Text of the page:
NEW YORK, May 5 (Reuters) - Dairo Antonio Usuga, the accused leader of Colombia's Clan del Golfo criminal group, pleaded not guilty on Thursday to U.S. drug trafficking charges and was ordered detained in New York pending trial, one day after being extradited from Bogota.
Usuga, known as Otoniel, shipped "outrageous quantities of cocaine into the United States" while leading the Clan from 2003 until last October, when he was captured by Colombian armed forces, said U.S. Attorney Breon Peace in Brooklyn, New York.
At a press conference, Peace described Otoniel as "one of the most dangerous, most wanted drug kingpins in the world."
Peace said Otoniel orchestrated more than 40 cocaine shipments larger than one ton to the United States, while Colombia holds Otoniel responsible for the deaths of hundreds of members of the country's security forces.
U.S. Magistrate Judge Vera Scanlon ordered Otoniel's detention at a Thursday afternoon hearing, saying the charges were serious and that the defendant posed a "significant risk of non-appearance" in future proceedings if bail were granted.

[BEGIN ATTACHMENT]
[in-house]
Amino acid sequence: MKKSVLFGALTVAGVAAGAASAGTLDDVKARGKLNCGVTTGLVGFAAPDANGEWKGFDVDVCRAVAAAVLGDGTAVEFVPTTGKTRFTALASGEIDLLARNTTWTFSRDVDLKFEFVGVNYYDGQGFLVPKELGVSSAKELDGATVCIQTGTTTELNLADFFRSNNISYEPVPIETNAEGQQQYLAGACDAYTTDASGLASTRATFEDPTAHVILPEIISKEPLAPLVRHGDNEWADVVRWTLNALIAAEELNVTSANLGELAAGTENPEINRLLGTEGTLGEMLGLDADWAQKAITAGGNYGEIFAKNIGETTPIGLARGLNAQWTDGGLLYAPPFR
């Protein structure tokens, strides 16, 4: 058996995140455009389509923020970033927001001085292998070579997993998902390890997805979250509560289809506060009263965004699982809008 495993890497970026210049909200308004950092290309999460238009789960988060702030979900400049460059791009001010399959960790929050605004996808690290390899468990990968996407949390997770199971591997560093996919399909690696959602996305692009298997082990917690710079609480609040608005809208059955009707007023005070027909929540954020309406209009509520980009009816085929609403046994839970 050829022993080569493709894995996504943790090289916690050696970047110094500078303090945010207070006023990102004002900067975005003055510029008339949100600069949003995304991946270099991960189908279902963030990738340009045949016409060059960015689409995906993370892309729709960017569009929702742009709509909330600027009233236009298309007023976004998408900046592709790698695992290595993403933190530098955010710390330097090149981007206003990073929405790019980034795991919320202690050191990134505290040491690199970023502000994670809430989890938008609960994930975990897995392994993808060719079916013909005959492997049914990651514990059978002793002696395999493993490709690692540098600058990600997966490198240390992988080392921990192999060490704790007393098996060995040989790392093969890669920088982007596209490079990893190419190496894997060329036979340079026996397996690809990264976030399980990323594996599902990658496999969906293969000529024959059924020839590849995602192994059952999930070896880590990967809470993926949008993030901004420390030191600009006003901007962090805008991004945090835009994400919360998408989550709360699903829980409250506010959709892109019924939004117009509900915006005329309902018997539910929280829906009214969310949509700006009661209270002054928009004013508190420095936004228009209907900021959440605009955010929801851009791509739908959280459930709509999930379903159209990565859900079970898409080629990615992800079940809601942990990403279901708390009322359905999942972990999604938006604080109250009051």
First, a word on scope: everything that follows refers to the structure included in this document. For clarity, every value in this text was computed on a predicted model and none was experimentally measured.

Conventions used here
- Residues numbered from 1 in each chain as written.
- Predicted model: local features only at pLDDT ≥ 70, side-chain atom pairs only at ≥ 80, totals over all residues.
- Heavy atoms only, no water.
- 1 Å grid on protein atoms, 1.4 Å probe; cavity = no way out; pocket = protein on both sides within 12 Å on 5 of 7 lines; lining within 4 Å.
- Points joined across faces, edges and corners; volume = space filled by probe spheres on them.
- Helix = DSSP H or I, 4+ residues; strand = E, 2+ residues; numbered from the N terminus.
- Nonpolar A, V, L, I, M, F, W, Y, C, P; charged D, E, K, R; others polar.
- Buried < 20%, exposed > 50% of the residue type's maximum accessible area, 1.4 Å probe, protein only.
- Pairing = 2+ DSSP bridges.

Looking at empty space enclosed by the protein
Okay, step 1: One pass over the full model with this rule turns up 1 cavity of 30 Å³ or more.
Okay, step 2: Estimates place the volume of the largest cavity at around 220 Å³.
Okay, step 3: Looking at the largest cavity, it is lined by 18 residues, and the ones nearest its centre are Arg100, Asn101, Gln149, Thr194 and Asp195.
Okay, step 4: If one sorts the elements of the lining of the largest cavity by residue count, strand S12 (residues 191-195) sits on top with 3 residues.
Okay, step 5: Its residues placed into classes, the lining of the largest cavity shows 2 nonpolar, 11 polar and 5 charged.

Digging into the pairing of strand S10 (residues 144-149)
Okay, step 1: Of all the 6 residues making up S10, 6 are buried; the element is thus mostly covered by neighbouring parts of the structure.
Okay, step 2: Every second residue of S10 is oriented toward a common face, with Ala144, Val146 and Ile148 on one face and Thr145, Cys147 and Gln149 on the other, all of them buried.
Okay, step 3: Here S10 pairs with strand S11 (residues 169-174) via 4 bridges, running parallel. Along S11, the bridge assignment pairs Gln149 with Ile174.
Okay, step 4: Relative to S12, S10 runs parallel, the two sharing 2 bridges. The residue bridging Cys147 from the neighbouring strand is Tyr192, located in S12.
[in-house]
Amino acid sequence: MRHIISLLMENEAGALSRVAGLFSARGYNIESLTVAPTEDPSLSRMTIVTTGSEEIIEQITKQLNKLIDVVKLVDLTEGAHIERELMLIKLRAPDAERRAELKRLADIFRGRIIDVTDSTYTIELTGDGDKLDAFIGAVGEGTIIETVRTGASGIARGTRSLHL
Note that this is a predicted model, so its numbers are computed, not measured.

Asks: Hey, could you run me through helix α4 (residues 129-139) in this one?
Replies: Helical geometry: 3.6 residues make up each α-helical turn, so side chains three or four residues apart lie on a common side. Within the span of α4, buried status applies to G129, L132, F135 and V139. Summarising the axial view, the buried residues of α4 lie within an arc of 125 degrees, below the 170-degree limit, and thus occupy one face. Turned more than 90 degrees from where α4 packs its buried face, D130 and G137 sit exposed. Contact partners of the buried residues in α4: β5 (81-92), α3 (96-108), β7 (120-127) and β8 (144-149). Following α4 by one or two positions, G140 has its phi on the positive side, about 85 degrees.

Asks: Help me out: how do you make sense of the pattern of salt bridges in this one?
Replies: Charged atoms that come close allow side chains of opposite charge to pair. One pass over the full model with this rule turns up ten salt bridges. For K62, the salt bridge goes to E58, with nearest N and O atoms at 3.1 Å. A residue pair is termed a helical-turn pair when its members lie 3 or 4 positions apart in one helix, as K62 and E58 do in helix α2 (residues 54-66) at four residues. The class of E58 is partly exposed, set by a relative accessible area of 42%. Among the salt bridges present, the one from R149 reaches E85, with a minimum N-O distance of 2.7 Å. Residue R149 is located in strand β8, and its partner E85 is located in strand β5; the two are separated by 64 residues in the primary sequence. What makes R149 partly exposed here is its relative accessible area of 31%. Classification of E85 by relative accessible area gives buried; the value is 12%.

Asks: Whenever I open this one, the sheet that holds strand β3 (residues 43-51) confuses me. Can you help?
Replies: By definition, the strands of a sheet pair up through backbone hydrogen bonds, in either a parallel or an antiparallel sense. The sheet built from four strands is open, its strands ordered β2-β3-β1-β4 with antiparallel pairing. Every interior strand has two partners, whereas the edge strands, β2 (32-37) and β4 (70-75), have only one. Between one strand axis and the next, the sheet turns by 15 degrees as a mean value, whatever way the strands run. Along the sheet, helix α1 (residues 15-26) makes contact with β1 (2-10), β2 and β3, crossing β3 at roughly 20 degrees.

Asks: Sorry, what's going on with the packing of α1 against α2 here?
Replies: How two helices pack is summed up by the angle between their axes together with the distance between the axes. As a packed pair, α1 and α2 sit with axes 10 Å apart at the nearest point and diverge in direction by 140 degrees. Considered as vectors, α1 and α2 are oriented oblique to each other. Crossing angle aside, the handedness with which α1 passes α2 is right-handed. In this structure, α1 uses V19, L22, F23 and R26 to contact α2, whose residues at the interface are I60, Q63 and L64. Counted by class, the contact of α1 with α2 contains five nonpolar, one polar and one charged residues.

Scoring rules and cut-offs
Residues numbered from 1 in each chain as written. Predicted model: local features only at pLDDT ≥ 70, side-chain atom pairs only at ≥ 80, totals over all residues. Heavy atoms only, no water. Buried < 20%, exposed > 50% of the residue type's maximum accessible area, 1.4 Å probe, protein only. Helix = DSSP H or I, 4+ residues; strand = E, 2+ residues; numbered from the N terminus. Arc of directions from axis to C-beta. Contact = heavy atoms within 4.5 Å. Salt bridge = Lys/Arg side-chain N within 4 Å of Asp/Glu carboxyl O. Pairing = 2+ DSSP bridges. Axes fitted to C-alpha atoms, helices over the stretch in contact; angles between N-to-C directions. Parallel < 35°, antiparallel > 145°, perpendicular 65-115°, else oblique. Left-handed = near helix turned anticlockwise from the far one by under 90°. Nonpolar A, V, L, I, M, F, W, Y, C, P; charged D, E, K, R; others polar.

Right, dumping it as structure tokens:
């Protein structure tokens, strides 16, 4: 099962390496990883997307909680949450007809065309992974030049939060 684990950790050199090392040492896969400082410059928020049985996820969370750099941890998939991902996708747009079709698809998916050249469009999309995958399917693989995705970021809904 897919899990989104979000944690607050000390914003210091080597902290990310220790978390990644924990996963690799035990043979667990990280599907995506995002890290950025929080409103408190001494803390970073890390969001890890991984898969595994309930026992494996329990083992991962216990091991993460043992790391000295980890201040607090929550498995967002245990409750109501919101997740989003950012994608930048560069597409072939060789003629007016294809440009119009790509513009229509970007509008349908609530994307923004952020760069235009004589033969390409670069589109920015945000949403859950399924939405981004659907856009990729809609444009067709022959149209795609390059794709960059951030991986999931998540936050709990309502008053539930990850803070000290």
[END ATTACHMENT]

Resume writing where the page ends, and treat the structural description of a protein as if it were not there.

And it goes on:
Otoniel pleaded not guilty through his lawyer, Arturo Hernandez, to two charges of engaging in a continuing criminal enterprise and conspiring to manufacture and distribute cocaine.
Prosecutor Gillian Kassner said the government would not move forward with a third charge over firearms use.
Hernandez did not challenge his client's detention, but disputed Kassner's claim that the danger of releasing Otoniel "cannot be overstated."
"We certainly don't agree with their evaluation," Hernandez said.
Otoniel wore an orange jumpsuit while attending the hearing.
Colombian President Ivan Duque on Wednesday compared Otoniel to the late trafficker Pablo Escobar, and said his extradition "shows nobody is above the Colombian state."
Extradition to the United States, Bogota's top ally, is among Colombia's main weapons for fighting drug trafficking.
In an apparent response to the extradition, the Clan del Golfo said it would enforce a curfew in parts of Colombia's northern Magdalena and Bolivar provinces, warning residents not to open businesses or leave their homes.
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